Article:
The health authority responsible for White Rock, B.C., will review the practice of pumping water directly from an aquifer into the city's water supply without chlorination, a spokesman says.
"Is not chlorinating your water worth the disruption," Fraser Health Authority spokesman David Plug said Tuesday.
A boil water advisory was issued Friday for the city of 20,000, south of Vancouver after potentially deadly E. coli bacteria were detected in water at an aquifer well head.
On Monday, the bacteria were found in three other locations in the system.
The boil water advisory is expected to continue until at least next weekend as one of the city's two reservoirs is drained, disinfected and examined for possible sources of contamination.
"It was quite disheartening to get a positive result back after two days of 24 negative samples," said David Rector of Epcor Utilities Inc., the company contracted to provide White Rock's water.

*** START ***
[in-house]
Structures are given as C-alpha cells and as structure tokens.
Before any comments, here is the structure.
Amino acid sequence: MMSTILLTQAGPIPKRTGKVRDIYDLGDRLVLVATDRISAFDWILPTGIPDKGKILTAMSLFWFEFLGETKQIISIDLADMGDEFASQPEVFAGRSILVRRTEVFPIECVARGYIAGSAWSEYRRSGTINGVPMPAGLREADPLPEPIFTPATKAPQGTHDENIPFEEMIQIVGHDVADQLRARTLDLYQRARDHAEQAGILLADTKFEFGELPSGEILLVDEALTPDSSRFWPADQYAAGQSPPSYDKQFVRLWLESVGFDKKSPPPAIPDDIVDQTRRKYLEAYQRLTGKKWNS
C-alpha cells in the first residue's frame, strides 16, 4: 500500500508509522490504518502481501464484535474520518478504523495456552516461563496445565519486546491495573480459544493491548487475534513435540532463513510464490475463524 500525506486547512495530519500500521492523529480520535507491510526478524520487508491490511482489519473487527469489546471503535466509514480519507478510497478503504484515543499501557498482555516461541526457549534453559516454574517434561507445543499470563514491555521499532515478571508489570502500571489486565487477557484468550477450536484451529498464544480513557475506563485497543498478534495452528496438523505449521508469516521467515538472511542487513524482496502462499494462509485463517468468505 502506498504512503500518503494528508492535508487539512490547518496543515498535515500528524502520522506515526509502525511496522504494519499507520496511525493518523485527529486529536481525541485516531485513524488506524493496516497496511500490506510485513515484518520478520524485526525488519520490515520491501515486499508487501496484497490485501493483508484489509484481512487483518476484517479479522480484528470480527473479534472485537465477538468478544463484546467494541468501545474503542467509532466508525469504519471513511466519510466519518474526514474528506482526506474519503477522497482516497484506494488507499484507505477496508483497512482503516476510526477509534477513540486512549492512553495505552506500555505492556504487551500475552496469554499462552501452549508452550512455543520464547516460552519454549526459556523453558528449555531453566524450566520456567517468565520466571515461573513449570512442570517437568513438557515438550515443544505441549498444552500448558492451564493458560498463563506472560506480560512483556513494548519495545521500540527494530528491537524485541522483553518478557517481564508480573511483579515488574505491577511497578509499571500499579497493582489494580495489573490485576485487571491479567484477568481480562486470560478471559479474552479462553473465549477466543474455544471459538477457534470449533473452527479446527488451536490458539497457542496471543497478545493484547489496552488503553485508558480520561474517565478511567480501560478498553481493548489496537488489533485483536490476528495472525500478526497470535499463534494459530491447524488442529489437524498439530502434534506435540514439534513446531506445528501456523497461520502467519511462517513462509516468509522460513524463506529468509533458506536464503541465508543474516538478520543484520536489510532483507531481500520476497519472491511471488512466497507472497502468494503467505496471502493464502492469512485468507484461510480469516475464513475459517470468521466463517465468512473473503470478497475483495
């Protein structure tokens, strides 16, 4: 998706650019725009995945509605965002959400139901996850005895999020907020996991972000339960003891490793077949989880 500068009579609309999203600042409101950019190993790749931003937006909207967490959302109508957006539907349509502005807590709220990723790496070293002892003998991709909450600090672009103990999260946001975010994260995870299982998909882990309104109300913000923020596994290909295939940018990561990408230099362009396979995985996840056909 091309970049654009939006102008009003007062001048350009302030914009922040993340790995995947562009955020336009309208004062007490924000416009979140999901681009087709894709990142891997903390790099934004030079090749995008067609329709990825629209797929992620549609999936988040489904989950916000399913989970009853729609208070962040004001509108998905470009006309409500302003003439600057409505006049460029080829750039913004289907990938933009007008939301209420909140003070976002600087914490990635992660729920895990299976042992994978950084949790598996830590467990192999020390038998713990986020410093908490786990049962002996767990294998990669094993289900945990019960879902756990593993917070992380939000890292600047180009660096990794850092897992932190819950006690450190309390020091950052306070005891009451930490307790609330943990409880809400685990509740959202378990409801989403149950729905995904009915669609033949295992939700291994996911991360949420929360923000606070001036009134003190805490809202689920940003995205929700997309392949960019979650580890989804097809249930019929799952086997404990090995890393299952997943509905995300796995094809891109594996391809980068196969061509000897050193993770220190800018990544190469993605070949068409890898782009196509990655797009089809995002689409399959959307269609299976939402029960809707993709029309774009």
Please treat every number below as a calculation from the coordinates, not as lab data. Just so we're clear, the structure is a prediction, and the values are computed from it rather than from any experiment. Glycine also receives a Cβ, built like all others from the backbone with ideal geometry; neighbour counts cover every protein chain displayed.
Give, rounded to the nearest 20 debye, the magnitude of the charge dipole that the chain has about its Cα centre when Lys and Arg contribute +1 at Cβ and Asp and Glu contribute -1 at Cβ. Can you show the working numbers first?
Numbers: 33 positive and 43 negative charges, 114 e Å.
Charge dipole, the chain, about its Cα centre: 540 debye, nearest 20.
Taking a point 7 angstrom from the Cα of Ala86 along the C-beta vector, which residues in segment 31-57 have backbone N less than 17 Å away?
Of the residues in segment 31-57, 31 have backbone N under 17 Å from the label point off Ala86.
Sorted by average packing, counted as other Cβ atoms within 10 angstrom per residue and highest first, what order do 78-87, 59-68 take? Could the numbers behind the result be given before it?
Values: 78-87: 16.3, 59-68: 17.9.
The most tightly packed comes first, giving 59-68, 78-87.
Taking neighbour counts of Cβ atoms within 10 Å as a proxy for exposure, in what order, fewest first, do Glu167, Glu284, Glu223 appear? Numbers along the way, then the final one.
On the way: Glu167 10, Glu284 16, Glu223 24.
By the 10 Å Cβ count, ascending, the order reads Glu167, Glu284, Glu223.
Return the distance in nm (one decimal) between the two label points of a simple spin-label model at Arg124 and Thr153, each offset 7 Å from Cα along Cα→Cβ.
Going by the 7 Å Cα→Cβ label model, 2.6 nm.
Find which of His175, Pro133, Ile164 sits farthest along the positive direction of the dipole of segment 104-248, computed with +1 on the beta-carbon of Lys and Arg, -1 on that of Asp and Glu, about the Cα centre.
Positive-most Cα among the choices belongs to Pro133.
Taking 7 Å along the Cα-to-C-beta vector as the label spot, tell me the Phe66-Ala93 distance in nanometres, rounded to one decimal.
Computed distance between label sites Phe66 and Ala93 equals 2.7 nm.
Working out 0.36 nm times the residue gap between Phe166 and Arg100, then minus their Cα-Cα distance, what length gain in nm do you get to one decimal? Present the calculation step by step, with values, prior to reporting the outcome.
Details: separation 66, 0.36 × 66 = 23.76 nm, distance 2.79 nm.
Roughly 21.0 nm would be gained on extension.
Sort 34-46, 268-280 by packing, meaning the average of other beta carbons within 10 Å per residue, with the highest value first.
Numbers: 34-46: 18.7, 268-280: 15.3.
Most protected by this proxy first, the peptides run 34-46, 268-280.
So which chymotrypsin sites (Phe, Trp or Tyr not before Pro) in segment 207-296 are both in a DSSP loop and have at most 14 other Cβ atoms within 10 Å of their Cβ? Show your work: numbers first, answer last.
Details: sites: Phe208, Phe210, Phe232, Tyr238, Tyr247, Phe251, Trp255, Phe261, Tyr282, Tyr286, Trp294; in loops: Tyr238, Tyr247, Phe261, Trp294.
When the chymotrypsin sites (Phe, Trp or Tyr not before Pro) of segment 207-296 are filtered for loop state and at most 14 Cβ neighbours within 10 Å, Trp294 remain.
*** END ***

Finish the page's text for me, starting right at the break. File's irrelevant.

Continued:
Proud of untreated water
"We're looking for things like little holes or cracks where a mouse or a bird could have gotten in."
White Rock is the only jurisdiction within Metro Vancouver that does not chlorinate its water and that gets its water from the Sunnyside Uplands aquifer, which is accessed through six wells that vary in depth from 60 to 150 metres.
Many in the city are proud of the fact that the water is not treated and prefer the taste.
"I hope they're not going to put chlorine into the water," one resident told CBC News.
"It shouldn't be necessary if they sort this current problem out," said another. "It's been fine for years."
There will be no chlorination anytime soon, said White Rock Mayor Catherine Ferguson.
"That is something that is going to be dealt with and discussed in a debriefing with Fraser Health and Epcor and the city will be involved," Ferguson said. "But at this time, I don't know of any change that's going to happen."
The water supply for rest of the district is chlorinated after it leaves three rain-fed reservoirs on Vancouver's North Shore.